Pickled peppers are ideal for chacuterie boards, sandwiches, pizzas, and more. Anytime you want a briny zip. I like to can these in 4 oz jars. Sometimes you just need a little amount of peppers. But for larger parties or needs, can these peppers in pint jars. Peppers will last one week in your fridge after being opened and a full year, unopened, in your pantry.

You will need clean 4 oz or pint jars and closures, a boiling-water canner, rack, jar lifter, canning funnel, and wooden skewer

Preservation method: Waterbath canning

Difficulty level: Easy

Pickled Peppers

9 cups sweet baby peppers (sold in bags in the grocery store produce section), sliced thin

1 cup thinly sliced jalapeno peppers (if desired. If not, sub 1 cup sweet baby peppers)

6 cups white vinegar

2 cups water

3 garlic cloves, smashed

Place rack in the bottom of a boiling water canner, then place empty jars on the rack. Add water to the jars and the canner until the jars are about two-thirds full. Cover the canner and bring the water to a simmer over medium heat. Place lids in a small saucepan, cover with water, and bring to a simmer over medium heat. Do not boil. Keep lids hot until ready to use.

In a large stainless steel saucepan, combine vinegar, water, and garlic. Bring to a boil over medium heat and boil for 5 minutes, until garlic flavor has infused throughout the liquid. Discard garlic.

Pack peppers into hot jars with 1/2″ headspace. Ladle hot pickling liquid into jar to cover peppers, leaving 1/2″ headspace. Remove air bubbles and, wipe rims with a towel.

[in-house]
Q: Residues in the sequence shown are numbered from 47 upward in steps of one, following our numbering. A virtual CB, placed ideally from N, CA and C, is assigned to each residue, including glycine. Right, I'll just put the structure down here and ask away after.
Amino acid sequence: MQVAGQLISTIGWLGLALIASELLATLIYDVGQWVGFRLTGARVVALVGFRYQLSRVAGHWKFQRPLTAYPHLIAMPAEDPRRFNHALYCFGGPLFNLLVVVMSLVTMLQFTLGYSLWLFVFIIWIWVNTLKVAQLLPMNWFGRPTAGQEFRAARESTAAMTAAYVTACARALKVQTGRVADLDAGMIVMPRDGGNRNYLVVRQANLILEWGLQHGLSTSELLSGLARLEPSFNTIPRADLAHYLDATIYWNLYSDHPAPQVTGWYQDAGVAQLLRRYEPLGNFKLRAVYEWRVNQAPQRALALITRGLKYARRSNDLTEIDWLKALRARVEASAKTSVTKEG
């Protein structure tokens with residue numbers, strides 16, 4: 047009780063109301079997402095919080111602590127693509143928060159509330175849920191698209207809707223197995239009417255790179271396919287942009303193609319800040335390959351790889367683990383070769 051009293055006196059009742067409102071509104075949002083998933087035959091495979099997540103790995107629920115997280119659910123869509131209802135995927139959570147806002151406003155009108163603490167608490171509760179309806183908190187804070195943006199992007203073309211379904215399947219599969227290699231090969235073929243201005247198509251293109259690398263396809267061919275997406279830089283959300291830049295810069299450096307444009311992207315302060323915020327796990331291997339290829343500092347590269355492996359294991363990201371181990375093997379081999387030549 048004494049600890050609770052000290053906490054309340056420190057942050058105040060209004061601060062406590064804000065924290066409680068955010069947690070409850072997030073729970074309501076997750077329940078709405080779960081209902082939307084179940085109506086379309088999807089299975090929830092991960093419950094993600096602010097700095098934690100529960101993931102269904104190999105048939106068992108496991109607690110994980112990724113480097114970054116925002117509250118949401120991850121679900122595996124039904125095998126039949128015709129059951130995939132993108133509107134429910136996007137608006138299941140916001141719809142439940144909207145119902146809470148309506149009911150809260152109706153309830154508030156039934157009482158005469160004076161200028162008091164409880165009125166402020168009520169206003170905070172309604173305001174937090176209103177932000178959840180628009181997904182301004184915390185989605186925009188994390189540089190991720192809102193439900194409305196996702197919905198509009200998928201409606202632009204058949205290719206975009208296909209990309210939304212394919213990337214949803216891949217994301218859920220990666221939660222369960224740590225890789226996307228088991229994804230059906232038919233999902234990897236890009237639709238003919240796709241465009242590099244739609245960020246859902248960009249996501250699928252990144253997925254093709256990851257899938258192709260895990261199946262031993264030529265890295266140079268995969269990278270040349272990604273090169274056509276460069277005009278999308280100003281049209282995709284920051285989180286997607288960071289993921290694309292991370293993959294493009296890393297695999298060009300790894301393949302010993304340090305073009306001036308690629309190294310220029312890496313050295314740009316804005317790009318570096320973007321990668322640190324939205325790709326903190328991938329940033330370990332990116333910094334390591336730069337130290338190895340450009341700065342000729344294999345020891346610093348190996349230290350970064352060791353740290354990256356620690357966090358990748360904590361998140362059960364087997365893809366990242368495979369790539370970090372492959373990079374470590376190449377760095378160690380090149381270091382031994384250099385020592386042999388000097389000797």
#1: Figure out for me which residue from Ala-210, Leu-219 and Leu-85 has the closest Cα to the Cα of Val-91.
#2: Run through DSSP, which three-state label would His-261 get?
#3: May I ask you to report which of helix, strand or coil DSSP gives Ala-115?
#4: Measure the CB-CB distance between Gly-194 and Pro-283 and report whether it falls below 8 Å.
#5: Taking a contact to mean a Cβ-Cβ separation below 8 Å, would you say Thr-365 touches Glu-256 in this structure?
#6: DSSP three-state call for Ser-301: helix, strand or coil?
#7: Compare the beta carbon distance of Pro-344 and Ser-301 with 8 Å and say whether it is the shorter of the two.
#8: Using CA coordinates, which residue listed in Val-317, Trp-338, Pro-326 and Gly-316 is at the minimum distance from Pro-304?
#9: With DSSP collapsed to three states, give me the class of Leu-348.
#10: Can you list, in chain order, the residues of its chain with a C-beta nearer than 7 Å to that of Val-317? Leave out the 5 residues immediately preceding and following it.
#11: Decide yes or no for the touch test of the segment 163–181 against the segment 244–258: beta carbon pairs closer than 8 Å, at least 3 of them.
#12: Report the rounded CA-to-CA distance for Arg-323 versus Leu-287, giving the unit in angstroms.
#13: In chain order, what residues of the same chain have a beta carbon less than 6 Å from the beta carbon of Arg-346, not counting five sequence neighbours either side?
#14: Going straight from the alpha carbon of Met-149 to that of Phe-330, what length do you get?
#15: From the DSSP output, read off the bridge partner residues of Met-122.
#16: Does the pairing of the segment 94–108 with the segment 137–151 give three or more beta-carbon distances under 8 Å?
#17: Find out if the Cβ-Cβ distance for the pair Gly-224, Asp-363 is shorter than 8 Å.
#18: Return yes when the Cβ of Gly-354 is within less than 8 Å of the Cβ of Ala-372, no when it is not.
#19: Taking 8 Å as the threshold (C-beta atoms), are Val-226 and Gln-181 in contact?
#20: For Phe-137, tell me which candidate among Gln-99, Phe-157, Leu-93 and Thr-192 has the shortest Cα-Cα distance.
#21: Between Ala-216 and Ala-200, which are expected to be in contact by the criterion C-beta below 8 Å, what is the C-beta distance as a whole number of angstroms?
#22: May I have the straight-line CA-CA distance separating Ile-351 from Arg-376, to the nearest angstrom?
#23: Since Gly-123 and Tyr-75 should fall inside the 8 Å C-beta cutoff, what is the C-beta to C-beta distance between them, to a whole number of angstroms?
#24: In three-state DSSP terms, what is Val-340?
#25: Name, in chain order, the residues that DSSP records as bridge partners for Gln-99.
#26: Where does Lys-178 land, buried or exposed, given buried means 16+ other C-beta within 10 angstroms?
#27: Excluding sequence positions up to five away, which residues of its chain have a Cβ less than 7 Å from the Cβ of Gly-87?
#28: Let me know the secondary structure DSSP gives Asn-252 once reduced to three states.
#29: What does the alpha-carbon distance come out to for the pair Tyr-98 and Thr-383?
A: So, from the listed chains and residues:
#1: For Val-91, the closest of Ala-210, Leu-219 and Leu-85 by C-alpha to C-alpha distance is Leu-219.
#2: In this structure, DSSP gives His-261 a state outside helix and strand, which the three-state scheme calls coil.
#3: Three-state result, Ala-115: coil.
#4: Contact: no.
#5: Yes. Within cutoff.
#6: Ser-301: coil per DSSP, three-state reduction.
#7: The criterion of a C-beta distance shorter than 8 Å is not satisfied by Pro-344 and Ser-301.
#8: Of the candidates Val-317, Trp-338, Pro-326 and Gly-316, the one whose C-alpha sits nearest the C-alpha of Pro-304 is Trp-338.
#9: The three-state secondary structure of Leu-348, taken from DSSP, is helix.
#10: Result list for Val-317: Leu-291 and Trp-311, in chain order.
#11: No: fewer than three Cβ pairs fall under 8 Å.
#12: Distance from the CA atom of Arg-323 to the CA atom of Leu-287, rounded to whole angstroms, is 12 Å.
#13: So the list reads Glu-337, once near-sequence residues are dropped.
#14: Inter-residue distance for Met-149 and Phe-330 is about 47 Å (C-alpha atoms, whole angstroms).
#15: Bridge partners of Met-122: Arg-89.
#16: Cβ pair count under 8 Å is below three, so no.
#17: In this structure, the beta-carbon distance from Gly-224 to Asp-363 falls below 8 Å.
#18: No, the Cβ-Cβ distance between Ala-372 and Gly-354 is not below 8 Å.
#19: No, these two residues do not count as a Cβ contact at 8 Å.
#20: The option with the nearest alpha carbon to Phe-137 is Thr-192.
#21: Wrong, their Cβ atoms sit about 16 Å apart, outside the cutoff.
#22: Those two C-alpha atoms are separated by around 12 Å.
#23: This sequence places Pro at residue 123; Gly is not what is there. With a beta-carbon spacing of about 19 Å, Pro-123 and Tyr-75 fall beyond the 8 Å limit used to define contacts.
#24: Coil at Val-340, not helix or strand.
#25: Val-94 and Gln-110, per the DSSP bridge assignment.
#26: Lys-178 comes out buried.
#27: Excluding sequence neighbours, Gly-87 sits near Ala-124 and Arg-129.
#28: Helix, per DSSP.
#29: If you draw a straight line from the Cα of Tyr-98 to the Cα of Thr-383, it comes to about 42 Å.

Apply lids and bands and adjust until fingertip tight. Place jars in boiling water canner.

When all jars are in the canner, adjust the water level in the canner so that it covers the jars by at least one inch. Cover the canner with a lid and bring water to a full rolling boil over high heat. Once the water is boiling hard and continuously, begin counting the processing time of 10 minutes (4 oz jars or pint jars).

Once 10 minutes is complete, turn off heat and let jars sit in canner an additional five minutes (this standing time allows the pressure inside the jars to stabilize and reduces the likelihood of liquid loss that could otherwise occur when the jars are removed.)

Remove jars and place on a kitchen towel-lined space. The towel will help reduce the chance of jar breakage. Do not dry the lids or jars at this point. You do not want to disturb the lids while the seals are being formed. Allow jars to cool for 24 hours before removing bands and wiping down jars. Date jars and store in a cool dry place for up to one year.

Recipe modified from “Ball Complete Book of Home Preserving”